SCRAP DUST AND COMPLIANCE
As sites become closer in proximity to populated areas, permits become more stringent about air quality during scrap generation, storage and processing activities. Although the locations of demolition sites can change, recycling facilities are static. It is residential and commercial growth that encroaches on a site, causing complaints and violations. To enforce these permits, regulators have been known to test soil, water, and/or set up gravimetric dust monitors as far as a mile upwind and downwind from the site to test emissions.
Proper control of scrap dust, particularly heavy metals and silica, requires identifying problem areas and implementing dust suppression methods that addresses each area based on the type of emission. Without a robust and comprehensive dust control plan, the consequences could be:
- OSHA violations
- EPA and local government fines
- Significant downtime or closure of operations
- Lawsuits and expensive legal settlements
CASE STUDY: HEAVY METAL DUST IN THE SNOW
In 2020, researchers discovered that a scrap recycler located in southeast Winnipeg, Manitoba, Canada was emitting 5x the legal limit of heavy metal for industrial areas and 20x for residential areas. The samples were taken from the snow around the facility and up to several kilometers away. This sparked a potential class-action lawsuit by residents and commercial neighbors.
Located in an industrial area upwind from a low-income community consisting of 58,520 residents, the scrap recycling facility processed an estimated 178,500 tonnes (196,800 tons) of scrap from vehicles and other sources annually. The surrounding area also consists of other mixed industrial, commercial, and residential land uses within the 24.5 km (15.25 mile) reach of detection.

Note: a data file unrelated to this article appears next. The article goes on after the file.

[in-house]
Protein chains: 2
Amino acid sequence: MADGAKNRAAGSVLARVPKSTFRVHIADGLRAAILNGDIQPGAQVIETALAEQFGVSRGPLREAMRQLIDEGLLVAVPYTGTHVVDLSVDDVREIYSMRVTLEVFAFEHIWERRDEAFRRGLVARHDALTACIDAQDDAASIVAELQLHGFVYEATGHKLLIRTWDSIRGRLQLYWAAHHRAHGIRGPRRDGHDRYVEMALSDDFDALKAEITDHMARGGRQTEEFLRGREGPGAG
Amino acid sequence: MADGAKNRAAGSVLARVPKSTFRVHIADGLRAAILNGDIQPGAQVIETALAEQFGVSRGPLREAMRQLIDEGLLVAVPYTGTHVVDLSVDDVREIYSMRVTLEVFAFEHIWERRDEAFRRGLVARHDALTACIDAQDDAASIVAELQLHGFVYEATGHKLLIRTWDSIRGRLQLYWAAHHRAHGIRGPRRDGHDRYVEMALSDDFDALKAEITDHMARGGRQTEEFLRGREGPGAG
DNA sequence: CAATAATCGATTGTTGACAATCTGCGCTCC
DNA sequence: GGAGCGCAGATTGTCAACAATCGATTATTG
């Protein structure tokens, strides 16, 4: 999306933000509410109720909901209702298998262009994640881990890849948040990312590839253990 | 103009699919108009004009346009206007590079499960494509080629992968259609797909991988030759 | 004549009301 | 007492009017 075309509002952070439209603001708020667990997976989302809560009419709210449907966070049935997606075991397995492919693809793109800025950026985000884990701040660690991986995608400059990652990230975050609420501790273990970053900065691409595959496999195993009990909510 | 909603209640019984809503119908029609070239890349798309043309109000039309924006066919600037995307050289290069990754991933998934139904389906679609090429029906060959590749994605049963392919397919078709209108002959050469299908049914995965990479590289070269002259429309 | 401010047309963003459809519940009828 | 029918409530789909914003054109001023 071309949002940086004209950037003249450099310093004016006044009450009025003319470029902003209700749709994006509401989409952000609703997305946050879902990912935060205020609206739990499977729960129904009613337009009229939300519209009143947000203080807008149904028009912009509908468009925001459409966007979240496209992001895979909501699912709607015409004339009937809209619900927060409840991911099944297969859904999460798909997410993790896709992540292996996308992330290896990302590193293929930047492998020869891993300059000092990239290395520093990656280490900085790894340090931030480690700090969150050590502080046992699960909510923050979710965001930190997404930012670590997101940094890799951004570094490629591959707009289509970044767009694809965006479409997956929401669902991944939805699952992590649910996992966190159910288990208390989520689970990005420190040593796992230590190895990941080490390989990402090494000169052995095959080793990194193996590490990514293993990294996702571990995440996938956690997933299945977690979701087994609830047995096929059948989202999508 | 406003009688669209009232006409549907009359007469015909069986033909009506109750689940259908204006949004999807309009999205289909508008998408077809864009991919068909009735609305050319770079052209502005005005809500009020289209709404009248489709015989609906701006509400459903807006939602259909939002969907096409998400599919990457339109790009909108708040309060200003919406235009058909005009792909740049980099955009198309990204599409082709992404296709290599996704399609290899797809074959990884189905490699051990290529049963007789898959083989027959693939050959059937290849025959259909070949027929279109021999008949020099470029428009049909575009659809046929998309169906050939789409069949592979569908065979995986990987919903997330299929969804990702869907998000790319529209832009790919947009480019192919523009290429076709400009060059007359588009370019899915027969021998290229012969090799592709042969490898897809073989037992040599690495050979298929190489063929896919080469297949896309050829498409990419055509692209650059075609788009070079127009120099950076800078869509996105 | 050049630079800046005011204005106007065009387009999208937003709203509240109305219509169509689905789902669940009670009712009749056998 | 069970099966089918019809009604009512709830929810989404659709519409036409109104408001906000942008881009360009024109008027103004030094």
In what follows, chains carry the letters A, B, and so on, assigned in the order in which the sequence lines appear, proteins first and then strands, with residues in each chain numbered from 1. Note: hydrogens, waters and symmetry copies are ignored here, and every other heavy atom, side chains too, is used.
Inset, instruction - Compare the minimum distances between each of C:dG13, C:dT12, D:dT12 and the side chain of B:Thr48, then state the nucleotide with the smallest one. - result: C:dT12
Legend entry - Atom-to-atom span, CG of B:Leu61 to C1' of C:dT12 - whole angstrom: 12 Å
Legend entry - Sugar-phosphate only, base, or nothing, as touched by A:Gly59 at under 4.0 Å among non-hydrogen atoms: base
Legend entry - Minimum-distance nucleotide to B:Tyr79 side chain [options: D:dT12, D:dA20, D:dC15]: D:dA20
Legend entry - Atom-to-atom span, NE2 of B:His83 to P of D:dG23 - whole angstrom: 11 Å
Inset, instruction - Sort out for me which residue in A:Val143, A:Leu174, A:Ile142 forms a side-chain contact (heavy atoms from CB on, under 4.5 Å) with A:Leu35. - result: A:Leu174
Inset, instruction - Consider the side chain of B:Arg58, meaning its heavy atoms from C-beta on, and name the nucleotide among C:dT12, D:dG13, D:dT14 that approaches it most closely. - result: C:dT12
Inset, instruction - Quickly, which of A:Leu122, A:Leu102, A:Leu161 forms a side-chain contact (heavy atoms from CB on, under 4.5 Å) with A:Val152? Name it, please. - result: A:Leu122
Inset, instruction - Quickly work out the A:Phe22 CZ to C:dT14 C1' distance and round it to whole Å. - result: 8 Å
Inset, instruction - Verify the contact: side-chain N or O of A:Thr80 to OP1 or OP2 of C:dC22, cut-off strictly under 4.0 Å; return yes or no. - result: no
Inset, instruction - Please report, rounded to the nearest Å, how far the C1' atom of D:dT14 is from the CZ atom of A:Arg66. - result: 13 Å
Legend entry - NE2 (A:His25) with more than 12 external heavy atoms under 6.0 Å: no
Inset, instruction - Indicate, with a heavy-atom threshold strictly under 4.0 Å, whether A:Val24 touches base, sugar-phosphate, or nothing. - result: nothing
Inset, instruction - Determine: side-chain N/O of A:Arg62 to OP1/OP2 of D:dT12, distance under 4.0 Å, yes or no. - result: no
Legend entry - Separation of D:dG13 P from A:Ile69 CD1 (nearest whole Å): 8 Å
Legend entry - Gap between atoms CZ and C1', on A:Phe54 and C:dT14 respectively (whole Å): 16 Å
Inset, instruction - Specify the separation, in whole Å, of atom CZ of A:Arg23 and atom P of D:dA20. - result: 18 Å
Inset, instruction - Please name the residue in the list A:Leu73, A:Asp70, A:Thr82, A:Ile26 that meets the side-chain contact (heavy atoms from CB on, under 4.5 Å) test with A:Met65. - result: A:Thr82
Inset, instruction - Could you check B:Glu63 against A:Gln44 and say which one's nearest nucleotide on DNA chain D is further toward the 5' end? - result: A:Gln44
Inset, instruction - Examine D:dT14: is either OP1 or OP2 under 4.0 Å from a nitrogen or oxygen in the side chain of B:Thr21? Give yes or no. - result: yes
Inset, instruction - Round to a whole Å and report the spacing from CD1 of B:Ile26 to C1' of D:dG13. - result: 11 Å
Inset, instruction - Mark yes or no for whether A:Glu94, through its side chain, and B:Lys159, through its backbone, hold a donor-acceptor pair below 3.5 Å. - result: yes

Researchers found high concentrations of Zi and Pb along fencing surrounding the site. Further investigation indicated the shredder area was the most contaminated area for heavy metals, notably for Pb, Zn, Ni, Cr, Cd, and Hg, decreasing with the distance from this source to low or moderate levels in nearby residences. The study notes that prevailing wind direction plays “a significant role in the dispersion and deposition of industrial emission of heavy metals in accumulated snow cover.”
In the industrial zone, concentrations of heavy metals were found to be significantly higher with the next highest being along the roadside, then the commercial zone, and finally the residential zone. With this information in hand, further tests were needed to determine if there was a significant health risk to surrounding populations.
Proper control of airborne PM10 and PM2.5 heavy metals can be achieved with the correct, strategically placed atomized mist technology. This helps scrap recycling facilities avoid violations, fines, and expensive litigation by preventing particulates from migrating beyond the immediate area.
DUST CONTROL IN THE LIFECYCLE OF SCRAP
Once the material is removed from its original service, it is considered scrap. Most scrap containing highly toxic substances like asbestos is not recycled. Recyclable scrap can still have its own unhealthy and regulated properties, which can be spread through the scrap material’s entire lifecycle in the form of dust emissions.
The best method for controlling both surface and airborne scrap dust is atomized mist. The mist consists of millions of tiny droplets that are introduced into an area by cannon or pressurized sprayer. Cannons use a powerful fan and misting ring configuration to control particulates. Atomized misting heads and sprayers use water pressure to deliver dust suppression. The size and model of each method depend on the application.
SCRAP DUST IN DEMOLITION
Indoor Operations – When there’s a presence of asbestos, lead, or cadmium, often demolition needs to be done “surgically” by hand or mini-excavator. For these types of projects, a small dust suppression cannon like the DustBoss DB-10 or a dust suppression system like the DustBoss Atom can protect workers and prevent emissions.
Outdoor Operations – Taking down large outdoor structures can generate a tremendous volume of airborne dust of all kinds. This activity requires larger machines such as the DustBoss DB-30 or DustBoss DB-60 which can be vertically adjusted to reach high up or oscillate to cover wide landing zones.